The visuals and sound of this game are certainly on par with FFX, though that’s to be expected since the graphics engine, most of the locations, and almost all of the NPCs are recycled. Since FFX was such a beautiful game, this is certainly not a problem, though some more variety would’ve been nice. All of the voice actors from FFX also reprise their roles, and in most cases do a better job than before. This is evidenced especially in Yuna’s lines, which delivered with much more emotion. There are a few new FMV sequences that are absolutely beautiful. Square-Enix pumped out FFX-2 in about a year, but you’d never know it from the amount of polish on this game.
Combat is the single biggest change to FFX-2. FFX-2 has a more fun and fast-paced feel to the story and characters, and this is reflected in the battle system. Whereas FFX scrapped the Active Battle Timer and moved combat to a pure turn-based form, FFX-2 brings back the ATB. Your characters each have an action bar that fills up. Once full, the character can choose an action. Once you choose an action, another bar will begin to fill. Once full, the character will act. The length of the bars and the speed at which they fill depend on the action that you choose. So, for instance, using an item will likely happen instantaneously, while casing a powerful spell will take some time to execute. Not surprisingly, then, timing becomes a crucial factor in winning battles. You need to learn how quickly an action will take place, as stringing together several attacks in a short span of time will do combo damage to your enemies. Unlike previous Final Fantasies with the ATB, the bars fill quickly and your characters will constantly be acting. Combat is fun, fast, and frantic, especially as you learn more and more abilities.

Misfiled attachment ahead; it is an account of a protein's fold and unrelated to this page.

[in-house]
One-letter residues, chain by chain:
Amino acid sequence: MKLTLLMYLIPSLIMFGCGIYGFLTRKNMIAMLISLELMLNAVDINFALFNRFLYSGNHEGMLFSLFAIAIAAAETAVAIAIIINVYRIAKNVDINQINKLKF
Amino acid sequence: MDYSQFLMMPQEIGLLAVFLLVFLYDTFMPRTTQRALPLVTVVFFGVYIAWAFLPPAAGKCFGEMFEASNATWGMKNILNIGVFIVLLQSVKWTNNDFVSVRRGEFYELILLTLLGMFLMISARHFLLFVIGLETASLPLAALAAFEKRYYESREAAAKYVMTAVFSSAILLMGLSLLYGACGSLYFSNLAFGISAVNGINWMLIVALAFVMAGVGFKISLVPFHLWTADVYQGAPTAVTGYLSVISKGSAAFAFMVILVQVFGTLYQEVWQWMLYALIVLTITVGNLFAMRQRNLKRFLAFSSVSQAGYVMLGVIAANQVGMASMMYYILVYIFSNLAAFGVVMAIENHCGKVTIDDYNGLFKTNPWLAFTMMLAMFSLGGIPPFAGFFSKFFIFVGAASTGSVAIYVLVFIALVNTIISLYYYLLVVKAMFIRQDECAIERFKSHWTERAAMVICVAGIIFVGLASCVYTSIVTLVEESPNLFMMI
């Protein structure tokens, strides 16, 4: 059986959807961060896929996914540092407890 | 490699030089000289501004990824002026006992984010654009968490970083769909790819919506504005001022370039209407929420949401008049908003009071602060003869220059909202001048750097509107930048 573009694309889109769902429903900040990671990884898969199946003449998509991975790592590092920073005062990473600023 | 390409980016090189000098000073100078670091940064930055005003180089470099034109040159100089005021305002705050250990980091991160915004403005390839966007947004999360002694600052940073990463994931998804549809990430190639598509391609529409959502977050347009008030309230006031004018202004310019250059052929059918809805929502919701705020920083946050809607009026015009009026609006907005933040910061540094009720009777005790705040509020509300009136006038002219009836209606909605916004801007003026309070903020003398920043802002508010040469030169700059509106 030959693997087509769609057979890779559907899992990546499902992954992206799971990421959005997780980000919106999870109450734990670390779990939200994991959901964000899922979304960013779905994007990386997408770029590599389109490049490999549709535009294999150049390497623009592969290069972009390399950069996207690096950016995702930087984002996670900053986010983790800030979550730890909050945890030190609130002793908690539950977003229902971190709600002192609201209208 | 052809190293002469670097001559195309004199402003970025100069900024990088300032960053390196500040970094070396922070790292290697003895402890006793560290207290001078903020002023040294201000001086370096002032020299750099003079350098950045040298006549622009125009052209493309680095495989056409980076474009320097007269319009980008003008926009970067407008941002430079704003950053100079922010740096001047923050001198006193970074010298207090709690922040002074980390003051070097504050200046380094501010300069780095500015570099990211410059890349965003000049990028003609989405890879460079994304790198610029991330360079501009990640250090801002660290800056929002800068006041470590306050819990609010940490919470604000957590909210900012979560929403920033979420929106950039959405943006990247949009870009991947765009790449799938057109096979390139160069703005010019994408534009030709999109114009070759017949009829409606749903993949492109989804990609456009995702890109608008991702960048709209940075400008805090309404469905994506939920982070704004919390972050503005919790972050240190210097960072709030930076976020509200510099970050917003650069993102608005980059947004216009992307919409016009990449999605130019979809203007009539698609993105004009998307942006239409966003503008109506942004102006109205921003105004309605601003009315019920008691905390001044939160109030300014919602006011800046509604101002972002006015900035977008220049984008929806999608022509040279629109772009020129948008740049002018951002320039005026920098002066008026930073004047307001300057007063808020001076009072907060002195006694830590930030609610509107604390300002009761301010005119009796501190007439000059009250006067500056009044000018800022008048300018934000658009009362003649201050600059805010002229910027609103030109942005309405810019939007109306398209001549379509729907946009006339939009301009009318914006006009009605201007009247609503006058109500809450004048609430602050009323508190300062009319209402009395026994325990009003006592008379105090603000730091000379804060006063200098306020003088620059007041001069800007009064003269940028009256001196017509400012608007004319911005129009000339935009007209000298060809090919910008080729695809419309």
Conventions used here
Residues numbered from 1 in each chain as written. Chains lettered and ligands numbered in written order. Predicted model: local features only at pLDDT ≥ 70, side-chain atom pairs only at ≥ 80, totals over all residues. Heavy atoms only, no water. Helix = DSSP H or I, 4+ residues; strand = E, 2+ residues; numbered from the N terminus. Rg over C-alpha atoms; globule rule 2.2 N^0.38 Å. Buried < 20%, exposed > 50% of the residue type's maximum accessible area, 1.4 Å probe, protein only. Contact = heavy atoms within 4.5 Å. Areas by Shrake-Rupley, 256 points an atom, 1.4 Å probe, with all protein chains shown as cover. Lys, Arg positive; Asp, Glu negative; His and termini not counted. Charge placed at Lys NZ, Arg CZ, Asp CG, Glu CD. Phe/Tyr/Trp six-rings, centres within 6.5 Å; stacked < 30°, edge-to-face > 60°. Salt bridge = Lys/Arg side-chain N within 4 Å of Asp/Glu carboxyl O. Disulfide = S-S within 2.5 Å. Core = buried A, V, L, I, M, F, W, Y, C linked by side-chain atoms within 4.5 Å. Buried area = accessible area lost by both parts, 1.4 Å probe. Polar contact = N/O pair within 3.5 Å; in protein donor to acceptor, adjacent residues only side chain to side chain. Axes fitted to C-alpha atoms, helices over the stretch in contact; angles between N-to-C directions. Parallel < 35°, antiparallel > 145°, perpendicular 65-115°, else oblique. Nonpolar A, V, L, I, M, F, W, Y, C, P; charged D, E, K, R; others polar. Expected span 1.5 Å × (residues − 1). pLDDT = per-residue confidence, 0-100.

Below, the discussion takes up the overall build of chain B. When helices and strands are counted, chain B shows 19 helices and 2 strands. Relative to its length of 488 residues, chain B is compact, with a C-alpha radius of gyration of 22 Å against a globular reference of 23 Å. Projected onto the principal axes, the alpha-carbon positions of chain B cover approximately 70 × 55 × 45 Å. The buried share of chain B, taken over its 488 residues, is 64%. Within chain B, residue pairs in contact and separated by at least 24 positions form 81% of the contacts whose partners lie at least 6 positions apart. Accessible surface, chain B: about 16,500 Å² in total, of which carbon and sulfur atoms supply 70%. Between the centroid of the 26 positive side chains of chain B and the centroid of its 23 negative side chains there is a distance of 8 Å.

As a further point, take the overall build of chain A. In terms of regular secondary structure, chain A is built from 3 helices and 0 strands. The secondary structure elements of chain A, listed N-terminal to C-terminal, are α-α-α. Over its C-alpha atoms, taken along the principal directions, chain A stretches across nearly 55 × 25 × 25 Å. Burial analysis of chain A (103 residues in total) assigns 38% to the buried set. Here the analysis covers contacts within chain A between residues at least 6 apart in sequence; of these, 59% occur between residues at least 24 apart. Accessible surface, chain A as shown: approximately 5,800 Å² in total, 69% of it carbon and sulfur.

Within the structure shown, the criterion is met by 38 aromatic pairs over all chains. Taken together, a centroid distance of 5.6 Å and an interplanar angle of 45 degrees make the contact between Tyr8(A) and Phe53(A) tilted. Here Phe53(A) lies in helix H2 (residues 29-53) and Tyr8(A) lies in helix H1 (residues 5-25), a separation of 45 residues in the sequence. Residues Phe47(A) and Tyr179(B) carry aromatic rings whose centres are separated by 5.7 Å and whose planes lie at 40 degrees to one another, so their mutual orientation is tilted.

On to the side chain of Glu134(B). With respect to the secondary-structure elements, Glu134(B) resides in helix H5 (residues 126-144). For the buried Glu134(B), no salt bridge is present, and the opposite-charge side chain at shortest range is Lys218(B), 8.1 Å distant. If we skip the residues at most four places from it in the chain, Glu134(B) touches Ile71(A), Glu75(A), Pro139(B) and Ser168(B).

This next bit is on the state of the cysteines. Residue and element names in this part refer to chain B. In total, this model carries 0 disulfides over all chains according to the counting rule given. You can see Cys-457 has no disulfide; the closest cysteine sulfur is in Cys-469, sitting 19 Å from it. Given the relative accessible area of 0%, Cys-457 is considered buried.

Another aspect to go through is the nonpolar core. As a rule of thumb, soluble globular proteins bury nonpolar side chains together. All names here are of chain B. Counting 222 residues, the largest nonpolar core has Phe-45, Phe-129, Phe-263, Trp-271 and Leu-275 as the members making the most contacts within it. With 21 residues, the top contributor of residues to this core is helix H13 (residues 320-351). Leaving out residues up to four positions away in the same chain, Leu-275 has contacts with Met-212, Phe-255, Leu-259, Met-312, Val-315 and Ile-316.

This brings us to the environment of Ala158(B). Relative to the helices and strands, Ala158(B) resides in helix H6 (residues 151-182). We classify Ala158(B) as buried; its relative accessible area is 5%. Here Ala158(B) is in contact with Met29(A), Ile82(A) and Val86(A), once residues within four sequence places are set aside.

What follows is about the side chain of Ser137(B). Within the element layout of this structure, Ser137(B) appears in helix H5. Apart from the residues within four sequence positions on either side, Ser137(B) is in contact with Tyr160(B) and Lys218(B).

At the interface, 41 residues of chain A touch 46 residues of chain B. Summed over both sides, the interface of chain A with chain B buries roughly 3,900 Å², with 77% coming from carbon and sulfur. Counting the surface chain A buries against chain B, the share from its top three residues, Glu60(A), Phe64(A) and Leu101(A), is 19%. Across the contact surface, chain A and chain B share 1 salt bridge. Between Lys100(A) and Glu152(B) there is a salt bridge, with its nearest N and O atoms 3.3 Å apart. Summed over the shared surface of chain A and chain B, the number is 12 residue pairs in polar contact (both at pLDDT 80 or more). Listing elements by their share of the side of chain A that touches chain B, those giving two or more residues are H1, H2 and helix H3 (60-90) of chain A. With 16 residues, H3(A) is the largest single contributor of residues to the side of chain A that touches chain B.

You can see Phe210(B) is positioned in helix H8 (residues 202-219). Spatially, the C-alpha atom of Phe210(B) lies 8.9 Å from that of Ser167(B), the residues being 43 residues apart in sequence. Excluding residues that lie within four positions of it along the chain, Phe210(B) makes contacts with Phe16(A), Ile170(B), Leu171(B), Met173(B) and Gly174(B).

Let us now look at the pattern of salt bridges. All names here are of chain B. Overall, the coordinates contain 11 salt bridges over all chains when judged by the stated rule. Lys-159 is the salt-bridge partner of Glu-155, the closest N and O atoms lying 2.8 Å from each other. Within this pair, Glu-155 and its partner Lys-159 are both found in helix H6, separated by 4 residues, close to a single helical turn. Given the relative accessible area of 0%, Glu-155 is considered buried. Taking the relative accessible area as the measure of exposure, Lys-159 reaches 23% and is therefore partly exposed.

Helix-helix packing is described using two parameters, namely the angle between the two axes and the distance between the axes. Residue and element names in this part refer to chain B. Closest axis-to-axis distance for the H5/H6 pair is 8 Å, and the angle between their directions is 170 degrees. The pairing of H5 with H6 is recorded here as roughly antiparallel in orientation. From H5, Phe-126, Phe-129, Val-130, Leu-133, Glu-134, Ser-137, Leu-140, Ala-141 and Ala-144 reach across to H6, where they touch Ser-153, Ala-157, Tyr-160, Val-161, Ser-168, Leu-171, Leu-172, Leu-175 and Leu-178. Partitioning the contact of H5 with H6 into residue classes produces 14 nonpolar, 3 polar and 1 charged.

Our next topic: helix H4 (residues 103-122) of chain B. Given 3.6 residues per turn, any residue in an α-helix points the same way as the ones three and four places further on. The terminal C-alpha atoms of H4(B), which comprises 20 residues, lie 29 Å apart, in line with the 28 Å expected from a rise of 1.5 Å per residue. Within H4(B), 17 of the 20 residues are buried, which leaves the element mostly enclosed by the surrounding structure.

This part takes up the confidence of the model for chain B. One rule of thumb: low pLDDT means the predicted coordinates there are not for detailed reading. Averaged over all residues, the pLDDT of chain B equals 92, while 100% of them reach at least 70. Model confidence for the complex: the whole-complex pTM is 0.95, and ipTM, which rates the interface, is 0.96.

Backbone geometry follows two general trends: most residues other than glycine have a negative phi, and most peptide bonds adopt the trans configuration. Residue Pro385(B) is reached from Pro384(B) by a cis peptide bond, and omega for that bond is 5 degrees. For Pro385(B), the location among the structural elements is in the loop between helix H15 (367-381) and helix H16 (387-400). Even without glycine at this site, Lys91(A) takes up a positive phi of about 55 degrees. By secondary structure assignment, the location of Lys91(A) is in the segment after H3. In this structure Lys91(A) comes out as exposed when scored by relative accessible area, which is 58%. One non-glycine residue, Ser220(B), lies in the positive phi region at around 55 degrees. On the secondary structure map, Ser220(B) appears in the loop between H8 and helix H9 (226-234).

One of the best features of the Final Fantasy series is the large party roster that you collect over the course of the game. FFX-2 drops this tradition and focuses solely on Yuna, Rikku, and Paine. Surprisingly, I found this emphasis on the small party to be a really good move. Because you’re not constantly swapping out party members, your characters will level up equally and stay even throughout the game. Also, because combat is so frantic, I’m glad that I don’t have to worry about party management and swapping out characters. The whole point to having a large party is the variety that you get from each character’s abilities. FFX-2 takes care of this a little differently through the Dress Sphere system.